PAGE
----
A couple of weeks ago, I shared an article that Popular Photography wrote in December 1937 about New York street photographer Arthur “Weegee” Fellig who at the time was an unknown photographer who had a knack for capturing some of the darkest moments of humanity on the streets of New York.
This week’s Keppler’s Vault comes from the December 1943 issue of Popular Photography and introduces Margaret Bourke-White, who had recently been commissioned by Samuel Goldwyn to photograph the set of his new movie, “The North Star”.
With an impressive resume at the age of 39 when this article was written, Bourke-White, known in Hollywood as “Peggy” had already traveled the world, covering Europe in the 30s, being one of the first western photographers to shoot the Soviet Union, even appearing on a radio broadcast from the country. She had written books and created a couple film shorts that helped educate western journalists to the perils of war and the rise of the Soviet Union.
The article tells the story of how Bourke-White got started with photography while attending Cornell University, shooting her second-hand Ica Reflex to help pay her bills. Her knack for composing images of architecture attracted the attention of a famous New York architect, who was so impressed with her work, persuaded her to make photography her career.
I’ll resist re-typing Bourke-White’s resume as it’s spelled out in detail in the article, but one thing that is immediately clear to me is that this lady had a serious case of GAS, as while shooting for Goldwyn, she brought no less than six cameras, including two Linhofs, a Rolleiflex, Speed Graphic and a British camera called the Soho Reflex. The article goes into detail about each of her cameras along with the lenses and flash equipment she would use to shoot Hollywood stars who quickly accepted her as a member of the “Hollywood elite” treating her as an equal, rather than some lady with a camera.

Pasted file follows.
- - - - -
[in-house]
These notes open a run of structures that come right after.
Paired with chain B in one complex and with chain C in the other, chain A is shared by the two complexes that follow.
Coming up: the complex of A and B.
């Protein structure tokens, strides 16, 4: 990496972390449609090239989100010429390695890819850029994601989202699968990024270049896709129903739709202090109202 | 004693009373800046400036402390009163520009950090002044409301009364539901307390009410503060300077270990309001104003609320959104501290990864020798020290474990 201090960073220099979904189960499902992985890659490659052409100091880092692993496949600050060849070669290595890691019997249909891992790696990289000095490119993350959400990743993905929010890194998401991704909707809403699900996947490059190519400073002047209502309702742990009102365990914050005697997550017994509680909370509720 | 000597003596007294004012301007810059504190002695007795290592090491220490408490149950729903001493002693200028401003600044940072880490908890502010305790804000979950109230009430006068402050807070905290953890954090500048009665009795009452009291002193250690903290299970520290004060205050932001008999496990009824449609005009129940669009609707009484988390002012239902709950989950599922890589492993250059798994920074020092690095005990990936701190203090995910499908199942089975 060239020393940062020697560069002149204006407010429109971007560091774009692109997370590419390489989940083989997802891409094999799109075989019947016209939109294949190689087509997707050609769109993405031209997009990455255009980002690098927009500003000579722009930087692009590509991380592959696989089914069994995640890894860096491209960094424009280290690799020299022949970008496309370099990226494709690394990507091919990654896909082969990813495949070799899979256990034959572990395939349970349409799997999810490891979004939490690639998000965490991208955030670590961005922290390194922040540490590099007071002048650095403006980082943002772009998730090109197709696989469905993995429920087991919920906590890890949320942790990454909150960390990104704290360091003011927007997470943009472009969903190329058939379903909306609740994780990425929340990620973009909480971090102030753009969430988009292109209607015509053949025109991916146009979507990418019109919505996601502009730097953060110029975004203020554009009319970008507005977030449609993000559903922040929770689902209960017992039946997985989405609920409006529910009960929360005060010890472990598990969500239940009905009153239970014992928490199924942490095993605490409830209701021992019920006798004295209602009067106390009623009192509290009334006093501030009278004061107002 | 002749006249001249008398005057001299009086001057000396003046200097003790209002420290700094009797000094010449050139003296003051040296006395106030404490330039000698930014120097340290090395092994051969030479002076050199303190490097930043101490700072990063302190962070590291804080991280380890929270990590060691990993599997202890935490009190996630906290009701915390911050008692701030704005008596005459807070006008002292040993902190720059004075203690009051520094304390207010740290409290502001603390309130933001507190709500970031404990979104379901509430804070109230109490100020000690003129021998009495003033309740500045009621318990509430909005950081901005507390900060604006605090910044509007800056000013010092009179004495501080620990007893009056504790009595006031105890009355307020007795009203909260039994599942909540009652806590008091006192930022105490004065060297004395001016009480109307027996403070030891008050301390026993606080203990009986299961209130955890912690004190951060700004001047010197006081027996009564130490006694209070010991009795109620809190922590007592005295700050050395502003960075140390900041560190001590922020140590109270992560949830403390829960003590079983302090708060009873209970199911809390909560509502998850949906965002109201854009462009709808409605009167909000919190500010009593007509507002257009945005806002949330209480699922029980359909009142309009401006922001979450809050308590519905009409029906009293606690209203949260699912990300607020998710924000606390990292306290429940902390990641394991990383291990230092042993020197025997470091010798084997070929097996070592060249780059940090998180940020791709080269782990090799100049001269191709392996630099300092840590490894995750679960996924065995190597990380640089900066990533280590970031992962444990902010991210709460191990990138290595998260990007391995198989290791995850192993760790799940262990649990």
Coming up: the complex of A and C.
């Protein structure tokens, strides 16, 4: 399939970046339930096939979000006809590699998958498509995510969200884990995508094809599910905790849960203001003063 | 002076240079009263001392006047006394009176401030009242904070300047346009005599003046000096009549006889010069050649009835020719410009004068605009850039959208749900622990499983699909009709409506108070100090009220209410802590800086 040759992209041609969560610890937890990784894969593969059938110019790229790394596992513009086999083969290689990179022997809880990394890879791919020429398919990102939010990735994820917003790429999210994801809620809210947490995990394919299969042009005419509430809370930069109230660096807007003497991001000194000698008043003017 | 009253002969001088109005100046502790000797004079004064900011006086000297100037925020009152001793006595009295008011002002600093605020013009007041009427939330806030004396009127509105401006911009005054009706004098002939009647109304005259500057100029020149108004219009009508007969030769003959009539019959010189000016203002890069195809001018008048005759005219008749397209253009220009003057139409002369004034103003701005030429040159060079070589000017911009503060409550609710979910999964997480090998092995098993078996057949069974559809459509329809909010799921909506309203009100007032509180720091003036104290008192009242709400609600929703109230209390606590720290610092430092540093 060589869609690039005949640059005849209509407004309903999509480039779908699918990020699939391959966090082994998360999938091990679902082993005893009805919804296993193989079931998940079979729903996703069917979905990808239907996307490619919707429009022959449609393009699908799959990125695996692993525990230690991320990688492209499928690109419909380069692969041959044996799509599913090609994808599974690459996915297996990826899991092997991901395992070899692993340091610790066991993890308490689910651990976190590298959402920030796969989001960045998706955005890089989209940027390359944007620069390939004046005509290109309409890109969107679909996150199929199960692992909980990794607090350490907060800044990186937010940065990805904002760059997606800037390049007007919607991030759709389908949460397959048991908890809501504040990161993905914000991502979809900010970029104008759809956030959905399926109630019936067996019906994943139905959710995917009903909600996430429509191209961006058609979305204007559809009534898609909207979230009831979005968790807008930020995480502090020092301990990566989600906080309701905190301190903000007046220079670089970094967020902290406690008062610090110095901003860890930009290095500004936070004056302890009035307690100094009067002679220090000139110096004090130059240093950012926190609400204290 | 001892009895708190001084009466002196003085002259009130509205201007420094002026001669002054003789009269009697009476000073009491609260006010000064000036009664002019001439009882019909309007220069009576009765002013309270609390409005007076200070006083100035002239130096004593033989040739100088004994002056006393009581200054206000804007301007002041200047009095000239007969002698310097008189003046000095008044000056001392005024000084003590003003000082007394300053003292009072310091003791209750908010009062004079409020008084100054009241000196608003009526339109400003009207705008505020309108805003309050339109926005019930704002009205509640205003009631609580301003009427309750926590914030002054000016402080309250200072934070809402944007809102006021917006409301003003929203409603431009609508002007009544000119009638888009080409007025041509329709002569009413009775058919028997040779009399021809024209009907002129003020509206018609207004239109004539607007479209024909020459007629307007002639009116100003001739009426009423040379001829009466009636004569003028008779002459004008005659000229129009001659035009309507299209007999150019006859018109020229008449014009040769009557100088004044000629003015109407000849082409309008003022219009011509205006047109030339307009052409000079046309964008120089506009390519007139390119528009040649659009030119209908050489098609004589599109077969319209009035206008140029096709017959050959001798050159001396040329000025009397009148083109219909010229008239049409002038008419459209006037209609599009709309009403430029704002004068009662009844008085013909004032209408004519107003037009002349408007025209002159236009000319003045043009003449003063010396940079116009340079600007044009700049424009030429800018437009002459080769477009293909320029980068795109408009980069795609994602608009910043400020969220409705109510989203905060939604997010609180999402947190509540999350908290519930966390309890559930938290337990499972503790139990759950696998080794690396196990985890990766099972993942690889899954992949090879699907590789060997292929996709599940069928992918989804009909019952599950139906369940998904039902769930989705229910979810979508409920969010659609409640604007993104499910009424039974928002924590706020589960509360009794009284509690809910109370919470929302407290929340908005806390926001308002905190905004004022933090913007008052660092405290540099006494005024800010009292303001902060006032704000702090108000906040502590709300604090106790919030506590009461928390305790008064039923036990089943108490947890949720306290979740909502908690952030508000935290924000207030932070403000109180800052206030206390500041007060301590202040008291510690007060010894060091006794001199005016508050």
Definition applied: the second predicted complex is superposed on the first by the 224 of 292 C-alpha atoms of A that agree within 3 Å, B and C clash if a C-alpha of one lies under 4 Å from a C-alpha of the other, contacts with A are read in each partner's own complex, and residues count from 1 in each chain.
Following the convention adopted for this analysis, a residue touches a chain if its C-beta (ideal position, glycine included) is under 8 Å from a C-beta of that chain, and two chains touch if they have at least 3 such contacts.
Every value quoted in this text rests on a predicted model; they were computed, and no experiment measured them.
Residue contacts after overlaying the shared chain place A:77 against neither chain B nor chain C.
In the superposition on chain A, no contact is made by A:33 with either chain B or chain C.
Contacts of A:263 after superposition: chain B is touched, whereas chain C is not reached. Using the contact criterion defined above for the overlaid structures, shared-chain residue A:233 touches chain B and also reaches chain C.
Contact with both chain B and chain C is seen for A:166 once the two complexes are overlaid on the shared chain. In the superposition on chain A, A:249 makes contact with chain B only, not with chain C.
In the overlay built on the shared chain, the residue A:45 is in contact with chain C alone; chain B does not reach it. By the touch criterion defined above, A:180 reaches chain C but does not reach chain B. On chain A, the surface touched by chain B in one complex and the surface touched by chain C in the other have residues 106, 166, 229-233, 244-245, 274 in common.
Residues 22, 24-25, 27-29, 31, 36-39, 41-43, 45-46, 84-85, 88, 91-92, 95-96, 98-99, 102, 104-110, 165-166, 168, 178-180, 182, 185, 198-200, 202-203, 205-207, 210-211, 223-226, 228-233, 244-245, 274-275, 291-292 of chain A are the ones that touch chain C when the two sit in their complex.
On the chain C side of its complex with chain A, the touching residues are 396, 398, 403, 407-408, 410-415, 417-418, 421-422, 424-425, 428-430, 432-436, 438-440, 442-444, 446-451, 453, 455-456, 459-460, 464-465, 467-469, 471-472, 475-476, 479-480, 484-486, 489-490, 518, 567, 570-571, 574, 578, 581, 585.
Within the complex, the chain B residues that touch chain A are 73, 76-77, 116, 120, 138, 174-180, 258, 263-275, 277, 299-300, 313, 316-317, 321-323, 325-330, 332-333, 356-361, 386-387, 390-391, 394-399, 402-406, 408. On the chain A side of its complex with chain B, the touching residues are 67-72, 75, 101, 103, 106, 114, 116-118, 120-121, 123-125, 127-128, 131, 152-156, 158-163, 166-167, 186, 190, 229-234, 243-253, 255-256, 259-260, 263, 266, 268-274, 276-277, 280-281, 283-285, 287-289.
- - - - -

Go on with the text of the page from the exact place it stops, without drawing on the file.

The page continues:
This short 10 minute documentary serves as a great 21st century introduction to Bourke-White, explaining some of her career highlights.
Throughout her career Margaret Bourke-White became one of the most influential photographers of the 20th century, photographing a huge list of historical figures such as Franklin Roosevelt, Winston Churchill, Josef Stalin, and Dwight Eisenhower. She famously shot construction of the Chrysler building in New York City, shot conflicts in Europe, North Africa, the Soviet Union, and was once torpedoed on a boat that sunk in the Mediterranean. It would be a disrespect to say she was one of the most influential female photographers, as doing so automatically suggests that women didn’t deserve to be compared to their male counterparts, which was definitely not the case.
Whether you think you already know Margaret Bourke-White or just like to be impressed, this is a fascinating glimpse into “Peggy” during the peak of her career!
All scans used with permission by Marc Bergman, 2020.